• Des & Sandie Nichols


Updated: Oct 26, 2020

For the first time in 99 years a Total Eclipse of the sun crossed America from the Pacific to Atlantic. So it was inevitable that we would get in the car and drive 4 hours to a small town in South Carolina called Santee to witness the spectacle. Whilst astrology has always been fascinating, the idea of looking through a long telescope at distant specks of light at the back of our solar system never really seemed particularly thrilling. But the Eclipse is different. The cosmos visits us and performs its star trick so we can see it with the naked eye. And what a trick it was. Some things never disappoint, however much they are hyped: the Taj Majal under a full moon, Ayers Rock or whatever they renamed it standing proud out of the Australian outback, having a runner in the Grand National (!)... and the Total Eclipse is up there on the top shelf. A partial Eclipse is a just a tease; the light with even 1% of the sun showing gives enough light that makes no difference. But when the moon slides over that 1% and becomes the pupil in the sun's eye, something miraculous happens. Sandie, who initially wasn't that excited about it all, just burst into tears as we were plunged into a sinister darkness and the sun's glowing corona circled the black moon. She found it that beautiful, that incredible and that phenomenal. Even the 5 hour traffic jam to get us home didn't take the shine of one of nature's greatest performances.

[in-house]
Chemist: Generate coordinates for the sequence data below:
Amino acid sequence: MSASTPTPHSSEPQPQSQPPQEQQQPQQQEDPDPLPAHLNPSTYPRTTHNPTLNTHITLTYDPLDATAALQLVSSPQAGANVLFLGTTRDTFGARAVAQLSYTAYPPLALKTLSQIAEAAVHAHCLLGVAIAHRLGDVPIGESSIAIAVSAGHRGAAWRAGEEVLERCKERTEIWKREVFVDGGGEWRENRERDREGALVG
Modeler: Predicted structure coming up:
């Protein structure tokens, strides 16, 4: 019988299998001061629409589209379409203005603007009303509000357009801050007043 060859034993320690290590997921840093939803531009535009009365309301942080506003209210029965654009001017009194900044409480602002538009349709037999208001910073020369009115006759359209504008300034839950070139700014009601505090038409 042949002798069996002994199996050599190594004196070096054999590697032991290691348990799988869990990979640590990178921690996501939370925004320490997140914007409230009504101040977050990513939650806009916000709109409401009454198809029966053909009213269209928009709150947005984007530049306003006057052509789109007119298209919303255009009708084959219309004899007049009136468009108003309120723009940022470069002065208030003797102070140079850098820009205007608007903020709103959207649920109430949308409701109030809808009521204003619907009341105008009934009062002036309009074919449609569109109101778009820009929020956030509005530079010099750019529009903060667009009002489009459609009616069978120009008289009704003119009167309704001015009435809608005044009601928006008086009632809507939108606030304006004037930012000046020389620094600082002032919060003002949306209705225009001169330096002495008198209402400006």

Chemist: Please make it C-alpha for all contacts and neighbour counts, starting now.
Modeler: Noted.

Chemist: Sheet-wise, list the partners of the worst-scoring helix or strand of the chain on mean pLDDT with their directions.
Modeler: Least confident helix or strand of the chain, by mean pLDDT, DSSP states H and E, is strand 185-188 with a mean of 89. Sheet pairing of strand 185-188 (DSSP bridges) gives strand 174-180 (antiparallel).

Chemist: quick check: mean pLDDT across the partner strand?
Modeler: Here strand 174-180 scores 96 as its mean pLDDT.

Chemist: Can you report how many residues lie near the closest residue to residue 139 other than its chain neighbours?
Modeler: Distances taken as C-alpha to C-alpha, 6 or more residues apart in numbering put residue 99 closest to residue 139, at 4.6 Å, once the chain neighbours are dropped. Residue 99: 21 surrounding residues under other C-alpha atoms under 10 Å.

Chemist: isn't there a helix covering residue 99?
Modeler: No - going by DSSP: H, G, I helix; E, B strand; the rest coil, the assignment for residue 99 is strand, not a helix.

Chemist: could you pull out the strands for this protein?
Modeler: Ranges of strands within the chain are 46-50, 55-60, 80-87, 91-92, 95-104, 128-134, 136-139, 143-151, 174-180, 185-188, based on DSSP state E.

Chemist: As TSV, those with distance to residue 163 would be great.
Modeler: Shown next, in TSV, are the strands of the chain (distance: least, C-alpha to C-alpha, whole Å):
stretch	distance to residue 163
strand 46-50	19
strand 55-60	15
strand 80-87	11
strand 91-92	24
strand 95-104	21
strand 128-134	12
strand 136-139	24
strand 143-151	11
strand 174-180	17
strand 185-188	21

Sandie in her D&G eclipse glasses

Where is the sun again?

10 minutes to go....

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